limiter by default.  Excluding shell initialization scripts  and
	      similar  special	cases,	scripts	must never set or unset	XZ_DE-

       XZ_OPT This is for passing options to xz	when it	is not possible	to set
	      the  options  directly on	the xz command line.  This is the case
	      e.g. when	xz is run by a script or tool, e.g. GNU	tar(1):

		     XZ_OPT=-2v	tar caf	foo.tar.xz foo

	      Scripts may use XZ_OPT e.g. to set script-specific default  com-
	      pression	options.   It  is  still recommended to	allow users to
	      override XZ_OPT if that is reasonable, e.g. in sh(1) scripts one
	      may use something	like this:

		     export XZ_OPT

       The  command  line  syntax of xz	is practically a superset of lzma, un-
       lzma, and lzcat as found	from LZMA Utils	4.32.x.	 In most cases,	it  is
       possible	 to replace LZMA Utils with XZ Utils without breaking existing
       scripts.	 There are some	incompatibilities though, which	may  sometimes
       cause problems.

   Compression preset levels
       The  numbering  of the compression level	presets	is not identical in xz
       and LZMA	Utils.	The most important difference is how dictionary	 sizes
       are  mapped  to different presets.  Dictionary size is roughly equal to
       the decompressor	memory usage.

	      Level	xz	LZMA Utils
	       -0     256 KiB	   N/A
	       -1	1 MiB	  64 KiB
	       -2	2 MiB	   1 MiB
	       -3	4 MiB	 512 KiB
	       -4	4 MiB	   1 MiB

	       -5	8 MiB	   2 MiB
	       -6	8 MiB	   4 MiB
	       -7      16 MiB	   8 MiB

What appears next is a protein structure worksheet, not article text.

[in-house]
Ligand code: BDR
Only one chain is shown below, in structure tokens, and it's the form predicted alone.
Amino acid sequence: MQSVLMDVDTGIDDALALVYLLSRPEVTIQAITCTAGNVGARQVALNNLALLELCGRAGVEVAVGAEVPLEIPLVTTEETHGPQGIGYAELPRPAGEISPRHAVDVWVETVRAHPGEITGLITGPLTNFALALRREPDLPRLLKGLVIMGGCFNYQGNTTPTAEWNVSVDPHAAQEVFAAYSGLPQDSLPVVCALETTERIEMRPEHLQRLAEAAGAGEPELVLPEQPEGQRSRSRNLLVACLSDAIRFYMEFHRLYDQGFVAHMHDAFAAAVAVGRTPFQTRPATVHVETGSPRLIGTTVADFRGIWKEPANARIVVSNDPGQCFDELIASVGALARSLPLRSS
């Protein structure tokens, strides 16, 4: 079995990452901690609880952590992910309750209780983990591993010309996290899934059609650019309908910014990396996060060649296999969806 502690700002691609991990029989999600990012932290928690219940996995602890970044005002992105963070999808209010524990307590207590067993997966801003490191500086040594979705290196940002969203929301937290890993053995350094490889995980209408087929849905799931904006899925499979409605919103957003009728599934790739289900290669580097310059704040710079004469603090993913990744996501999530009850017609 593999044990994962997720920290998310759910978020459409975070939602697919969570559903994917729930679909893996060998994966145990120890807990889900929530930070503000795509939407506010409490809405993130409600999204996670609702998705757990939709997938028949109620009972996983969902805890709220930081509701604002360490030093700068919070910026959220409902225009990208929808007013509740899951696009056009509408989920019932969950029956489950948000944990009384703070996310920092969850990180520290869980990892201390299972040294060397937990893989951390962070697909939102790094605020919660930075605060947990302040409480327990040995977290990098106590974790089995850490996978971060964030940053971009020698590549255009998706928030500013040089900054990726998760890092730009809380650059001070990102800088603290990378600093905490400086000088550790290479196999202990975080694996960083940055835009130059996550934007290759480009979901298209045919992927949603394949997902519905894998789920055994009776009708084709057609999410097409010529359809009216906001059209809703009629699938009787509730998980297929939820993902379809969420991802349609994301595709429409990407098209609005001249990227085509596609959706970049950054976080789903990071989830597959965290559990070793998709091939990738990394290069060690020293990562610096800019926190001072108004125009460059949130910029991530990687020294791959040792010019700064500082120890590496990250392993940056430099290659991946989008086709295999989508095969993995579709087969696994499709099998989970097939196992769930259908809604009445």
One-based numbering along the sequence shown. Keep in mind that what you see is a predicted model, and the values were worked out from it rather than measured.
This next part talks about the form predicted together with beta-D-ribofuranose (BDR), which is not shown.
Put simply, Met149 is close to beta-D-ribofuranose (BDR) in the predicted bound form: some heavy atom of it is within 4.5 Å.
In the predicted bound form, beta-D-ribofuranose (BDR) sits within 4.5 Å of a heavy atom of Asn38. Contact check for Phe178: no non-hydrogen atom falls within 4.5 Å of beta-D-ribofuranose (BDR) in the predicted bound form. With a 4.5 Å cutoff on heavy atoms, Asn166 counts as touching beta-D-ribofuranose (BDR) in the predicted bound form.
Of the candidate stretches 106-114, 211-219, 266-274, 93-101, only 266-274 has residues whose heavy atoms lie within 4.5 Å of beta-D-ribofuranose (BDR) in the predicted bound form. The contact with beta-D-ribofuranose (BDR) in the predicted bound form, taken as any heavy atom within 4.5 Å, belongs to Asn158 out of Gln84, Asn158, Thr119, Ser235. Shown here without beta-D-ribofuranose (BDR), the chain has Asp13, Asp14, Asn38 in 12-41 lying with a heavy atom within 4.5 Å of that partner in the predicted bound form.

-8      32 MiB	  16 MiB
	       -9      64 MiB	  32 MiB

       The dictionary size differences affect the compressor memory usage too,
       but  there  are some other differences between LZMA Utils and XZ	Utils,
       which make the difference even bigger:

	      Level	xz	LZMA Utils 4.32.x
	       -0	3 MiB	       N/A
	       -1	9 MiB	       2 MiB
	       -2      17 MiB	      12 MiB
	       -3      32 MiB	      12 MiB
	       -4      48 MiB	      16 MiB
	       -5      94 MiB	      26 MiB
	       -6      94 MiB	      45 MiB
	       -7     186 MiB	      83 MiB
	       -8     370 MiB	     159 MiB
	       -9     674 MiB	     311 MiB

       The default preset level	in LZMA	Utils is -7 while in XZ	 Utils	it  is
       -6, so both use an 8 MiB	dictionary by default.

   Streamed vs.	non-streamed .lzma files
       The  uncompressed  size	of the file can	be stored in the .lzma header.
       LZMA Utils does that when compressing regular files.   The  alternative
       is  to  mark  that  uncompressed	size is	unknown	and use	end-of-payload
       marker to indicate where	the decompressor should	stop.  LZMA Utils uses
       this  method  when uncompressed size isn't known, which is the case for
       example in pipes.

       xz supports decompressing .lzma files with  or  without	end-of-payload
       marker,	but  all  .lzma	 files	created	 by xz will use	end-of-payload
       marker and have uncompressed  size  marked  as  unknown	in  the	 .lzma
       header.	 This may be a problem in some uncommon	situations.  For exam-
       ple, a .lzma decompressor in an embedded	device might  work  only  with
       files  that have	known uncompressed size.  If you hit this problem, you
       need to use LZMA	Utils or LZMA SDK to create .lzma files	with known un-
       compressed size.